Editorial: Reporters protest tight controls from Obama administration
Nobody likes a control freak.
Any reporter knows how important it is to talk to the source that actually understands the topic and can answer the questions. In government, that can be department heads, mid-level officials, or “troops on the ground,” who are carrying out policy on a daily basis.
That’s not possible anymore in Washington, since the Obama Administration has decided that reporters can’t communicate with agencies’ staff members without first contacting the given agency’s public information officers.
That may seem trivial, but in reality it’s a roadblock at worst and a long delay at best, for reporters working on deadline.
Worse yet, the Obama White House also required government public information officers to review and okay interview questions prior to the interviews.
And it requires the public information officers to monitor the actual interviews between journalists and the government sources.
That borders on paranoia.
We’re not talking about whistle-blowers or top secret information here, we’re talking ordinary, everyday newsgathering that lets the public know what’s going on, and how well its government is operating.
The Society of Professional Journalist wrote a letter to Obama on July 8, protesting the tight controls on news sources.
SPJ noted that such practices “have become increasingly pervasive for decades, but have significantly advanced in the past several years.”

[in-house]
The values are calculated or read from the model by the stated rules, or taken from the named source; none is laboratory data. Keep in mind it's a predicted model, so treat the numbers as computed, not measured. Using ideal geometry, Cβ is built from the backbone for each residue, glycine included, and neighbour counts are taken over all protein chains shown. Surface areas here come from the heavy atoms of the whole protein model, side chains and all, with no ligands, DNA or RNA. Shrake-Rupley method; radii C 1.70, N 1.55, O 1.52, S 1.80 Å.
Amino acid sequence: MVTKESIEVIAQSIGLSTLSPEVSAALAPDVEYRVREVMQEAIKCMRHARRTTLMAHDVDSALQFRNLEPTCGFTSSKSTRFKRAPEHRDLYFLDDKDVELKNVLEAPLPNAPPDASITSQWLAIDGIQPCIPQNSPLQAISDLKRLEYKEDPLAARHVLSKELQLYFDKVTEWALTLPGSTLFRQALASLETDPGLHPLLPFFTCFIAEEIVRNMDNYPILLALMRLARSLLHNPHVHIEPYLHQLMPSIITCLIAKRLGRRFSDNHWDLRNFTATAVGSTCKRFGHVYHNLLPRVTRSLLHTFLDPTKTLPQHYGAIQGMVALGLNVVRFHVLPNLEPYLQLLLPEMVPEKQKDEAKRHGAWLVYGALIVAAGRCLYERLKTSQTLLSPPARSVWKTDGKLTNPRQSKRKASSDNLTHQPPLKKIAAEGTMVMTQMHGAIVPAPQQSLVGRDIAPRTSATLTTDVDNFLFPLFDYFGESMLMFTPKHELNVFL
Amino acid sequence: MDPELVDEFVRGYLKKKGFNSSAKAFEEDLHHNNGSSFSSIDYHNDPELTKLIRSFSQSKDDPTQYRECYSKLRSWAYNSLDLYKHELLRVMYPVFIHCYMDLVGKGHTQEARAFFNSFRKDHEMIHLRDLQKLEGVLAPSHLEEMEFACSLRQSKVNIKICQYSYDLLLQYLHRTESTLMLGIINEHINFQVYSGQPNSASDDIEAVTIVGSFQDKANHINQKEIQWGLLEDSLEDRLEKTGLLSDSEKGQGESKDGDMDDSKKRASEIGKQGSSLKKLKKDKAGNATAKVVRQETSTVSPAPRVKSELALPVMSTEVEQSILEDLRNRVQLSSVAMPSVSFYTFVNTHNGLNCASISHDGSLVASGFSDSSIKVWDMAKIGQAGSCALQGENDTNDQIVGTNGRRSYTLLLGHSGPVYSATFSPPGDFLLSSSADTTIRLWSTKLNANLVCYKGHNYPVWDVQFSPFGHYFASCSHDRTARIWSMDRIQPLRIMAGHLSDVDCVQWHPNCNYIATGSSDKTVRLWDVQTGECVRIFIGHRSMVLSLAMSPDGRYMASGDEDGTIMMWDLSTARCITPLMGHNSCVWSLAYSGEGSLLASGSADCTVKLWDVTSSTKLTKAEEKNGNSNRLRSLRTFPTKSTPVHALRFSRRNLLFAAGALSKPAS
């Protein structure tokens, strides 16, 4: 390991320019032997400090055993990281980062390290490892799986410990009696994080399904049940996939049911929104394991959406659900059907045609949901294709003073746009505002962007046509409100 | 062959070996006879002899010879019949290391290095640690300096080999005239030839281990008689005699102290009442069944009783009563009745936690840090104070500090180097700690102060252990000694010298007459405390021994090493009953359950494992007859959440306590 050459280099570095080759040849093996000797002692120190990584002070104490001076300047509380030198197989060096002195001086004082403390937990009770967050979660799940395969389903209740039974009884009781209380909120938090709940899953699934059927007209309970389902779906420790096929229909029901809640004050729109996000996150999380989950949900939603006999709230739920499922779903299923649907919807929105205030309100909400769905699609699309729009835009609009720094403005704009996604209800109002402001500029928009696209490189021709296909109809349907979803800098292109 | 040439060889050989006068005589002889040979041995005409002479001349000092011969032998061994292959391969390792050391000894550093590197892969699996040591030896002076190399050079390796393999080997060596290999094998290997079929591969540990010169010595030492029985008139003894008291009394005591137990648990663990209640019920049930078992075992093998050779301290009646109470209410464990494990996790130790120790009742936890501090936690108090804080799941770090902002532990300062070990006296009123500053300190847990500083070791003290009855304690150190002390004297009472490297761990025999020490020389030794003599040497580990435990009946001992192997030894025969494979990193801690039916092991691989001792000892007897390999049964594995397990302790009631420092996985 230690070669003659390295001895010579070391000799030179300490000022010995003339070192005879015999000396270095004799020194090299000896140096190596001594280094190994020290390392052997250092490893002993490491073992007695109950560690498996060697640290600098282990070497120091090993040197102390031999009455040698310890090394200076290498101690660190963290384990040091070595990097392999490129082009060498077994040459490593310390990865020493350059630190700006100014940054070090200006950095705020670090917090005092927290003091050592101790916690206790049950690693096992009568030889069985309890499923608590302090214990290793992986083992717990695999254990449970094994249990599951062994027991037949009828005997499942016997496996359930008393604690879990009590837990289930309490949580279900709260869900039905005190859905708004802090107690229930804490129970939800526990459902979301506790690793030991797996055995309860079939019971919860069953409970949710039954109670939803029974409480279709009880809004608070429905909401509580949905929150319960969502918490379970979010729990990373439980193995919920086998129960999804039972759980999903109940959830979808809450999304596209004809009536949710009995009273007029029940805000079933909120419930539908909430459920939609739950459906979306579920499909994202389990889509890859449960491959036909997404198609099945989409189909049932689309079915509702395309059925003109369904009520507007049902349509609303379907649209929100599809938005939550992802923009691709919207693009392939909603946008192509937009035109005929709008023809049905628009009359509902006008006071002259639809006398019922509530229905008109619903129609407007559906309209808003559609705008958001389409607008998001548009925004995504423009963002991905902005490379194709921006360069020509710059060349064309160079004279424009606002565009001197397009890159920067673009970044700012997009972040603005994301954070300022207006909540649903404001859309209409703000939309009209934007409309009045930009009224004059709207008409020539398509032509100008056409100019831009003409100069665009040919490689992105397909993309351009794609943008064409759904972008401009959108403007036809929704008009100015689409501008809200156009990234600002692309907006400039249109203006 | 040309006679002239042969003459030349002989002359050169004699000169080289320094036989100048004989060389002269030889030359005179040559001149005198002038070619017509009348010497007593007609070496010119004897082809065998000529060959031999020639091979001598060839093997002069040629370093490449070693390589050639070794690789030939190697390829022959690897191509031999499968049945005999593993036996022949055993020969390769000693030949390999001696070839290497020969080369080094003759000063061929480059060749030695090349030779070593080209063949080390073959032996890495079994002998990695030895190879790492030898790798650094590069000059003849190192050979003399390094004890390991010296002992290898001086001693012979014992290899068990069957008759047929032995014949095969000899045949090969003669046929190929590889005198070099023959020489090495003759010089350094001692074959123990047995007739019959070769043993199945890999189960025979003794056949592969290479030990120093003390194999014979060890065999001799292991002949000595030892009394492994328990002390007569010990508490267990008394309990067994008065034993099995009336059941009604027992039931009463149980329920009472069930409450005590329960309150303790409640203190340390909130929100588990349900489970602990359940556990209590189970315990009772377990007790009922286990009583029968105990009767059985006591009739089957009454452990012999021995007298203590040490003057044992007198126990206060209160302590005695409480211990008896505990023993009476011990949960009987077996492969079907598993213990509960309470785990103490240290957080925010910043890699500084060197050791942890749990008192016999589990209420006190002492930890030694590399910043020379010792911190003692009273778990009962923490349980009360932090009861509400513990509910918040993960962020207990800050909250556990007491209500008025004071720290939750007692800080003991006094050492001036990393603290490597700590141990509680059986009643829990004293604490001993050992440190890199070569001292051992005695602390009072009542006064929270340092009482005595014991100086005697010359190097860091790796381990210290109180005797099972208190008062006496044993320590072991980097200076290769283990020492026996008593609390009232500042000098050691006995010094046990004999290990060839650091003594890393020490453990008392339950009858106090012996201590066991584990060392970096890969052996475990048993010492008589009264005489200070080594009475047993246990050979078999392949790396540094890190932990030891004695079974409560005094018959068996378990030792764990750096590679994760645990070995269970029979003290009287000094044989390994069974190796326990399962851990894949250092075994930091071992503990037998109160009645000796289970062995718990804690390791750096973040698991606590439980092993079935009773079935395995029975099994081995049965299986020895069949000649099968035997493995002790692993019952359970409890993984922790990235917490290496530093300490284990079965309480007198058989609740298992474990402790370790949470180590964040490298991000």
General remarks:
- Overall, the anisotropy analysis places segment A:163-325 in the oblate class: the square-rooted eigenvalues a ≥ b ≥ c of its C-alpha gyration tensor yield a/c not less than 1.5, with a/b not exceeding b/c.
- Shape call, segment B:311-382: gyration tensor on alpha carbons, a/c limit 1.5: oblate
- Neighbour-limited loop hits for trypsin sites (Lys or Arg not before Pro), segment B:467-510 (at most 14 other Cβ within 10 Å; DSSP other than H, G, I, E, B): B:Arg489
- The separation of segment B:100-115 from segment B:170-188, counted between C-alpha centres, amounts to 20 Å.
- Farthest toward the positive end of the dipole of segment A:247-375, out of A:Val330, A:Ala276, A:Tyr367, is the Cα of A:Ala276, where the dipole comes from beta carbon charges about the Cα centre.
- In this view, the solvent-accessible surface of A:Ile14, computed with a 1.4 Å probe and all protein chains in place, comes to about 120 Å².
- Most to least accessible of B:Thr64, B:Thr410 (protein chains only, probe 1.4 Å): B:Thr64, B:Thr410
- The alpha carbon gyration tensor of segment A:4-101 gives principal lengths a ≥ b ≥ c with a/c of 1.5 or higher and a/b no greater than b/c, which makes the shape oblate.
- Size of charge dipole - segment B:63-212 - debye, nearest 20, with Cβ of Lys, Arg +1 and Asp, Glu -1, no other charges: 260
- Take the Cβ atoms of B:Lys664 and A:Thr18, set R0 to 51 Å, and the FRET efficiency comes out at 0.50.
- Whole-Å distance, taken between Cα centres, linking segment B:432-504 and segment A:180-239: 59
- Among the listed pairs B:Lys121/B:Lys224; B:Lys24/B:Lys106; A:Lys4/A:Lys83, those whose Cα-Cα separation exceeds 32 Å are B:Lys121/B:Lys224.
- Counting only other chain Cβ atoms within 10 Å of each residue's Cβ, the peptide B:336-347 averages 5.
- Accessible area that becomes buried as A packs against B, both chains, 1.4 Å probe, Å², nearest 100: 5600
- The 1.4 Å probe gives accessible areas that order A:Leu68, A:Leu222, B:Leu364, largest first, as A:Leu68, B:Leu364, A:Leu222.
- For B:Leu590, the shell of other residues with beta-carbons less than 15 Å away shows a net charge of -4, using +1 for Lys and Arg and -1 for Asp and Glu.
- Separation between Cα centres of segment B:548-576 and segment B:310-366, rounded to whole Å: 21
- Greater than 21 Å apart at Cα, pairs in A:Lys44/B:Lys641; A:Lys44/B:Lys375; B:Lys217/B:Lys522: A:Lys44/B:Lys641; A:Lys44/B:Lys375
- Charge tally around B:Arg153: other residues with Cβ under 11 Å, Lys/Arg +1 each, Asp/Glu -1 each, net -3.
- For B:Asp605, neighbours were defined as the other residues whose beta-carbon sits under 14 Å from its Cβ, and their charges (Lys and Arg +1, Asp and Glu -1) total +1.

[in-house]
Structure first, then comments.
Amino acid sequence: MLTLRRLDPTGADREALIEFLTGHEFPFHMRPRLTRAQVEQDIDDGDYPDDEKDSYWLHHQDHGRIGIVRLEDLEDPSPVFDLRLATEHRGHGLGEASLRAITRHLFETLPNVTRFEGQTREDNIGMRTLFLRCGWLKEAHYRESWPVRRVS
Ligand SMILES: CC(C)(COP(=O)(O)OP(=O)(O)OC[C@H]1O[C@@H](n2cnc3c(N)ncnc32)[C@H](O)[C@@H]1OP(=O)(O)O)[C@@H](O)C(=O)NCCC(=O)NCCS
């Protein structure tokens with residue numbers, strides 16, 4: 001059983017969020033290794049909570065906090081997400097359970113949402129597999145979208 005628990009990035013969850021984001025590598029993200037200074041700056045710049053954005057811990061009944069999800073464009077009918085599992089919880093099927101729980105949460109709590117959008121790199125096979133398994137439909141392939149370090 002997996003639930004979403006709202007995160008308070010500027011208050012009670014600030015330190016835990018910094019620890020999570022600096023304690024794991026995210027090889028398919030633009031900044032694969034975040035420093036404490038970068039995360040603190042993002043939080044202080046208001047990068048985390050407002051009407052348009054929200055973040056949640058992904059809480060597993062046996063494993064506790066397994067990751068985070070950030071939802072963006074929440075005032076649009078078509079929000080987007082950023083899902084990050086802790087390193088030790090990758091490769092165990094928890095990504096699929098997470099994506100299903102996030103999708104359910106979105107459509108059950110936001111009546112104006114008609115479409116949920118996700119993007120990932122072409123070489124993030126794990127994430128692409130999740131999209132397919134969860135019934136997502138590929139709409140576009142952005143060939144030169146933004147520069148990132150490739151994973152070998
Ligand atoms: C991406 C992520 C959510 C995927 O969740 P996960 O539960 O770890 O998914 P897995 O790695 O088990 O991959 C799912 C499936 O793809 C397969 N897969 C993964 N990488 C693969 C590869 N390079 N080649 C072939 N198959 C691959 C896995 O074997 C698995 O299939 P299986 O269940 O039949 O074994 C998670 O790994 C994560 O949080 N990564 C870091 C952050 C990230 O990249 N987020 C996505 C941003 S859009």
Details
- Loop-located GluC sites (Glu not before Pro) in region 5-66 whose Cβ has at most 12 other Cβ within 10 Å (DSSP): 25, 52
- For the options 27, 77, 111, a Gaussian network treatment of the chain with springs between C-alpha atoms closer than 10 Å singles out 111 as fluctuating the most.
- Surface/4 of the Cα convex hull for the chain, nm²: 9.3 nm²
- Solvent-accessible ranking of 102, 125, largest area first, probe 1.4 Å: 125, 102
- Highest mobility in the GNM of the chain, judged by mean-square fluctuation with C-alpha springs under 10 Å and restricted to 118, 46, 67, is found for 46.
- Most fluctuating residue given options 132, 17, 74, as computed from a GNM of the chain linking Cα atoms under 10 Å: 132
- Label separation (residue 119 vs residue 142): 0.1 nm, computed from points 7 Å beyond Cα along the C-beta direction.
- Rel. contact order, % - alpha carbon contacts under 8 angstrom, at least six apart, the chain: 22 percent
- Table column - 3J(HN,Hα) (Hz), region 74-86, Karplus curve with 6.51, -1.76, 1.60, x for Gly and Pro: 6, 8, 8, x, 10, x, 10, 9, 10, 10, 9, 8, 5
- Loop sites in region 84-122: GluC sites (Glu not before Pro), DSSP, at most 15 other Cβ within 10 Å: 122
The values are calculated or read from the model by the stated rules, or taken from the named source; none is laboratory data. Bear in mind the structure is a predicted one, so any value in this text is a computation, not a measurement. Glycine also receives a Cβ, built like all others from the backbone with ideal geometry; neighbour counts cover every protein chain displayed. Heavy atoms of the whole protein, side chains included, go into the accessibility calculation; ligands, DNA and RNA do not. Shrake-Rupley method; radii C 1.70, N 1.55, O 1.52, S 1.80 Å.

The Society of Professional Journalists is no small potatoes. It has a membership of close to 10,000 print, broadcast and Internet journalists, along with 37 other journalism organizations and government watchdog groups. With additional retroactive signatories, a total of 48 major organizations signed the letter.
The administration’s response was underwhelming.
White House Press Secretary Josh Earnest essentially ignored the gist of the concerns, that news sources are no longer freely available on issues ranging from agriculture to housing to defense to you-name-it.
He pointed out that the administration has improved government openness through the protection of whistleblowers, Freedom of Information Act revisions and allowing easy access to visitor logs through the White House website.
But nowhere did the White House address the serious concerns raised journalism groups, particularly journalists’ restricted access to sources, government scientists and officials who have critical information of public interest.
“Typical spin and response through non-response,” said SPJ President David Cuillier. “While we applaud efforts to improve people’s access to their government through websites and FOIA, nowhere does the White House address specific concerns about excessive message management and preventing journalists from getting information on behalf of citizens.”
The American public is not well served when reporters can’t talk openly and freely with officials who are at the heart of a story.
The Obama administration needs to lighten up and let reporters do their job.